I helped dismantle Channel 9 today. Not in a “death to the capitalist media overlords” way – sadly – but with a screwdriver.
Yes, the Bendigo Street studios of GTV9 are closing and everything must go! The building was originally a piano factory, then a cannery, but from 1957 it’s been Television City. The glamour of Graham Kennedy, Don Lane and Sale Of The Century clings to the walls like a poorly-cleaned toilet. Some say Bert Newton haunts these corridors and he’s not even dead.
But Channel 9 is moving to Docklands, so they’re having the world’s biggest car boot sale. They’ve auctioned their equipment online and when a friend went to pick up a Umatic tape machine I said I’d go along. In my head this would involve visiting Richmond, selecting a carefully-marked box, and going home for biscuits. How wrong I was.
Because the deal at Channel 9 is that you have to extricate your own winnings. With wire cutters and a powerdrill. A man walks you into the building, points to what you’ve bought and leaves you to it. It’s the technological equivalent of picking your own strawberries.
Which also means you get to have a stickybeak around. It’s fascinating how post-apocalyptic it looks. It’s only been a week since this was the home of Channel 9 and it already looks like Prypiat, the Russian town evacuated when the Chernobyl Nuclear Power Plant exploded back in 1986.
In the corridors are vast piles of tapes marked “these tapes to be destroyed”. It’s a 3D history of tape stock, with everything from two inch quadruplex to VHS getting a guernsey.
People like me look at a pile of tapes marked “for destruction” and find ourselves thinking “No! They could all be copies of The Tenth Planet episode 4 or the original cut of The Magnificent Ambersons! Hell, even a VHS copy of Sweet And Sour would be nice”. But these appeared to be mostly episodes of Hey Hey It’s Saturday from 1983. That said, I hope Channel 9 has kept copies. Yes, I just said that Hey Hey shouldn’t be wiped from the face of the earth. Because those who do not know history are doomed to repeat it.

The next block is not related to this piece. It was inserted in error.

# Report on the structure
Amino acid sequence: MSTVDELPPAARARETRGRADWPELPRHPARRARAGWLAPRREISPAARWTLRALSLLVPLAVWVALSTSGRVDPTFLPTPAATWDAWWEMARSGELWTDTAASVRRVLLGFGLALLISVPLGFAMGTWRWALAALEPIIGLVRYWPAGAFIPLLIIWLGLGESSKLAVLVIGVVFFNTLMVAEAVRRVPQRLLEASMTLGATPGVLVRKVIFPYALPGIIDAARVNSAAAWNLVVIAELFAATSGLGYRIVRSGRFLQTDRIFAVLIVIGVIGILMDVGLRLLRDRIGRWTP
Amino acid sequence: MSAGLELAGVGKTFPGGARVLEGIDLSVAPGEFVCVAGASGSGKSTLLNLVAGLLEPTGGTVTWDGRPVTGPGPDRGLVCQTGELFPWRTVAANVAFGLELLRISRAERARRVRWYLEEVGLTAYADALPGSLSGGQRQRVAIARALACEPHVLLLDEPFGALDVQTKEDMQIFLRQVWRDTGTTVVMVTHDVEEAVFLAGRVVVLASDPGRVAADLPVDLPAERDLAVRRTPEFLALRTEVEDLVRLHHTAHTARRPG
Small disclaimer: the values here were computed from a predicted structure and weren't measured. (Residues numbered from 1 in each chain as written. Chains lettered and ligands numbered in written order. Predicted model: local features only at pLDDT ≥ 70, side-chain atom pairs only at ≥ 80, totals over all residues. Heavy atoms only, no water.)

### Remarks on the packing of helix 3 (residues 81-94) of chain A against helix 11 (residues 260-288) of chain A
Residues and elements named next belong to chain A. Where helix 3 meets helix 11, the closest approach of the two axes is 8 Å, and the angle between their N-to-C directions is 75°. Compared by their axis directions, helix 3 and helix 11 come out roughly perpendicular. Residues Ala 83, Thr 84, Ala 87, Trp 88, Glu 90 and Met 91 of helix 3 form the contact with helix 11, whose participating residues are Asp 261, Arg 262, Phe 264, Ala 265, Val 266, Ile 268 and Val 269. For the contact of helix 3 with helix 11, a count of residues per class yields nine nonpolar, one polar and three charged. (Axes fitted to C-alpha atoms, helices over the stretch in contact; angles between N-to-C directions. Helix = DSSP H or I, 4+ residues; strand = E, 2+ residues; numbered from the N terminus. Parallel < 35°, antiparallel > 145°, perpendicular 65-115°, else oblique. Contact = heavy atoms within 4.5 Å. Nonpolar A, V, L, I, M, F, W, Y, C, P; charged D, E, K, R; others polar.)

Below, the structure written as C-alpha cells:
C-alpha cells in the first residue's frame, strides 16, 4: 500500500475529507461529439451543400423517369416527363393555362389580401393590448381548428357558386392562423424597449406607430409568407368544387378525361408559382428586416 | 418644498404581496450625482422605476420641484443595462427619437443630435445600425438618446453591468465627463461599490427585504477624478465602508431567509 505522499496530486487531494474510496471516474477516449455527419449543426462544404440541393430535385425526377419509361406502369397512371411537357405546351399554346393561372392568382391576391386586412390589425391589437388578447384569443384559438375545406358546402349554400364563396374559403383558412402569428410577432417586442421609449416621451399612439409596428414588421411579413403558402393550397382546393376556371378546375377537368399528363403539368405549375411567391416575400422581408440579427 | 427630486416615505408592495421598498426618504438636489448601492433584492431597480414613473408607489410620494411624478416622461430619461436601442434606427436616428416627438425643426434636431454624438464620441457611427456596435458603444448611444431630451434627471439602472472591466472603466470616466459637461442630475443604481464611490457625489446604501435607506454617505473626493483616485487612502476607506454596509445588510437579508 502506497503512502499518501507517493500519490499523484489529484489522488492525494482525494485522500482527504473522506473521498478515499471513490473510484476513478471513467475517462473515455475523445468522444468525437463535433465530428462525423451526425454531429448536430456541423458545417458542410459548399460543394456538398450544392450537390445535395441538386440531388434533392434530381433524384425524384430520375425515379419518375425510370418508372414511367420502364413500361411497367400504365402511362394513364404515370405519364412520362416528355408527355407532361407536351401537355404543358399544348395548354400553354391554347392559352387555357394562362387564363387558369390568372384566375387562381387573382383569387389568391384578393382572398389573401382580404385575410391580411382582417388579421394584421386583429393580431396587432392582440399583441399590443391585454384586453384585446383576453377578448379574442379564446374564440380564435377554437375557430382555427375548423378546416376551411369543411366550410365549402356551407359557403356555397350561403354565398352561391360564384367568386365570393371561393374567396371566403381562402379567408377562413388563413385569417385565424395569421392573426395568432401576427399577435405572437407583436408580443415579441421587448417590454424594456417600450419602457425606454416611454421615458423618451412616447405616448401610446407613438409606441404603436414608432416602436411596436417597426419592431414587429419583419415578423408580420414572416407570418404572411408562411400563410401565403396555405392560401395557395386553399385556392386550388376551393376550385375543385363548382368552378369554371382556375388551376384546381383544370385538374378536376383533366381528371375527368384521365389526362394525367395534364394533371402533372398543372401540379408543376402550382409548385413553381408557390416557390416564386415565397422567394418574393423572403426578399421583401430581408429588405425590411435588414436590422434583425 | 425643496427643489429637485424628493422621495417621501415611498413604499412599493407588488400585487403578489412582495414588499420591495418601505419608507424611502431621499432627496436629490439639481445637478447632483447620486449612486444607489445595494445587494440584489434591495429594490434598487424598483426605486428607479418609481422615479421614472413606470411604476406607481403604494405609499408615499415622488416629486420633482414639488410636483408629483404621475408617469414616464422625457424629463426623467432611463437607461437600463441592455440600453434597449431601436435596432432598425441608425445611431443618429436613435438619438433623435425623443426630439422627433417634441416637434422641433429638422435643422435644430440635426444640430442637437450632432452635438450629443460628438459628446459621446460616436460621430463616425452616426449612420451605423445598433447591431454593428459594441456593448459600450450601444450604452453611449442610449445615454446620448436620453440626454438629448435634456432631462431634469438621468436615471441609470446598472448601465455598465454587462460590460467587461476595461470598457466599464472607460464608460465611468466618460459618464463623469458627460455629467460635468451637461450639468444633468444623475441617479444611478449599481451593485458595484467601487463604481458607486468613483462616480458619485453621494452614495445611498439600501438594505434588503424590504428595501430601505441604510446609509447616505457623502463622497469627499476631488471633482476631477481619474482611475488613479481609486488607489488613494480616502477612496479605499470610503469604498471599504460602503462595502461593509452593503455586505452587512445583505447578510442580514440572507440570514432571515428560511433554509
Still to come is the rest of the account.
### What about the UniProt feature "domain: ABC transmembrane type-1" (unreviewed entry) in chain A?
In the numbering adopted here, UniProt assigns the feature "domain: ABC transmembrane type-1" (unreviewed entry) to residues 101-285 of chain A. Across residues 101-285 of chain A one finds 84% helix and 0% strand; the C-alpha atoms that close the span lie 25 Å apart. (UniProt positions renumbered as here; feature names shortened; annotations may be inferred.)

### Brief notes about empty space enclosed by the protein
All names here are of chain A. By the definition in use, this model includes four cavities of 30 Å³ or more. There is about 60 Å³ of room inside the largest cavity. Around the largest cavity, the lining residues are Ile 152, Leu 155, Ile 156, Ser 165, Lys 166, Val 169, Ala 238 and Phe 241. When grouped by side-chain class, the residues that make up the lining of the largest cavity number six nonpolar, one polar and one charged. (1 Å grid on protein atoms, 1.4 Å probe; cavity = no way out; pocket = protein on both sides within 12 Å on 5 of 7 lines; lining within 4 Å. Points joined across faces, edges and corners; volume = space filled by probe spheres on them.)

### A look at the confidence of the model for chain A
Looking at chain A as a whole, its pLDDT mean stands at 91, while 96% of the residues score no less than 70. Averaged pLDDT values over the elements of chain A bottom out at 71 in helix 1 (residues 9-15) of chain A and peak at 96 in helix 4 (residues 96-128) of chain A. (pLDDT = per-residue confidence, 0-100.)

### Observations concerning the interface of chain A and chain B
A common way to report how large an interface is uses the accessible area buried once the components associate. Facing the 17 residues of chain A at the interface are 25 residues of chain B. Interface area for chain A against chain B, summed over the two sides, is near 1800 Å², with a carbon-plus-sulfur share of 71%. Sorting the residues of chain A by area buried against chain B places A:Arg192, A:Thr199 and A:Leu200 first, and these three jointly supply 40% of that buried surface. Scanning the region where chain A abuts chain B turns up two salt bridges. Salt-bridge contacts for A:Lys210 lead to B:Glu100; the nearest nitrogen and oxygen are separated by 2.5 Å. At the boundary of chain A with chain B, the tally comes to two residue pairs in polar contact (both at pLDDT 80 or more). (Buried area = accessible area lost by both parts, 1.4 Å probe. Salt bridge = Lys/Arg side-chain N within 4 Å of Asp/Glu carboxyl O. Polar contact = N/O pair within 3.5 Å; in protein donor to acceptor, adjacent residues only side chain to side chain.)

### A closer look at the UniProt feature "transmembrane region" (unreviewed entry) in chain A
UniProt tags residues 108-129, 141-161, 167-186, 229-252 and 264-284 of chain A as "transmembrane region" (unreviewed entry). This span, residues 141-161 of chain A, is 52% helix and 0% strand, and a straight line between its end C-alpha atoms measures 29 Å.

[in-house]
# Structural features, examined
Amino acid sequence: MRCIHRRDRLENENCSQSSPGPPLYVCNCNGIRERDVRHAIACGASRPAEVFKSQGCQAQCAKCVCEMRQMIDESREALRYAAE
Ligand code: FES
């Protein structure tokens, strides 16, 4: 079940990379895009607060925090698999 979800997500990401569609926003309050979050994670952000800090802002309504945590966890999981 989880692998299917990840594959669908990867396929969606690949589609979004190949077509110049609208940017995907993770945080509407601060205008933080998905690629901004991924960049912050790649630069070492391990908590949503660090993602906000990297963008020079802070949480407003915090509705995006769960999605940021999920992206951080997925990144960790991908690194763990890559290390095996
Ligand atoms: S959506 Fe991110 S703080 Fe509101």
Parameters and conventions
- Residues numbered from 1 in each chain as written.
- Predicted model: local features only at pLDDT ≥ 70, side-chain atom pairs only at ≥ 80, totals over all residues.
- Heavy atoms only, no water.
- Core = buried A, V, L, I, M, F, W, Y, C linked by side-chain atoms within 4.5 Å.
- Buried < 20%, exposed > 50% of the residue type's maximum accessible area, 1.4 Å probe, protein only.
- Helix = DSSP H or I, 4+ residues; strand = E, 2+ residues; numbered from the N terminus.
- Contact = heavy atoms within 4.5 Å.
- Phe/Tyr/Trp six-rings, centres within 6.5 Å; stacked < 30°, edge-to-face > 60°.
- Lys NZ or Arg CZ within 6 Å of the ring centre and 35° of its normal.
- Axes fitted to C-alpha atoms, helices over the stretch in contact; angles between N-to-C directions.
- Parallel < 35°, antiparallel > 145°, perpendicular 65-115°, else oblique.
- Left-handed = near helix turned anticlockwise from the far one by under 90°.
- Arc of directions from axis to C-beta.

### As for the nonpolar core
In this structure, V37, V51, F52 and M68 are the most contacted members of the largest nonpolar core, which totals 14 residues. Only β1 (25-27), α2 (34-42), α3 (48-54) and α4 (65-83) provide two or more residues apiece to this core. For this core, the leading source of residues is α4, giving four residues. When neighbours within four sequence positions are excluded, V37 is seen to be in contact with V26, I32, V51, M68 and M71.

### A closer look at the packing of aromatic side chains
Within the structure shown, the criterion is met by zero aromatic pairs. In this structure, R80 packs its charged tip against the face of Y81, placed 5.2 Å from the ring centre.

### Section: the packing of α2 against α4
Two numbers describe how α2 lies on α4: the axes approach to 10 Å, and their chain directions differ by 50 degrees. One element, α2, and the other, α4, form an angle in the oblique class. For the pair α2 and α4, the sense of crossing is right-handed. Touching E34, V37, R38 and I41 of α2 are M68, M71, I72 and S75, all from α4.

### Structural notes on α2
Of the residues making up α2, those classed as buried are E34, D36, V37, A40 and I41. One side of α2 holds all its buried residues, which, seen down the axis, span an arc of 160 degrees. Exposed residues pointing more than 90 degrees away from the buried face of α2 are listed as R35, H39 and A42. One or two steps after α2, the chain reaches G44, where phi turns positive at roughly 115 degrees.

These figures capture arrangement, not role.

Writing in the Herald-Sun newspaper, Eddie Maguire said:
“It’s possibly the most famous address in the state, if not the country… the one-time piano, then soup, then dream factory is no more. …there has always been something magic about the old Richmond red brick factory…
There was an energy, a life force, about Nine’s Richmond studios… In the early days, when Graham Kennedy and Bert Newton were the biggest stars in the country, In Melbourne Tonight would screen five nights a week, Tommy Hanlon Jr would host It Could Be You live at midday, Take the Hint live in the afternoon, The Tarax Show for the kids and of course National Nine News.
…I think there will be a few tears shed for this old building.”
I suspect I’m too young – or too inner-city caffe-latte-swigging elitist – to have those sorts of connections to GTV9. I have no memory of The Don Lane Show, or In Melbourne Tonight, and I find the veneration of Graham Kennedy slightly baffling. I suspect that Kennedy – like Joni Mitchell or Ned’s Atomic Dustbin – was one of those things you had to experience at the time to really appreciate. (Watching the vintage footage now, I find Kennedy so broad he just seem desperate, whereas Bert Newton was – and is – a comic genius, a master of the witty ad-lib and the barbed bon mot. And he was supposed to be the straight guy!).
So goodbye, Bendigo Street. I won’t cry for you, but I enjoyed visiting you in your final hours.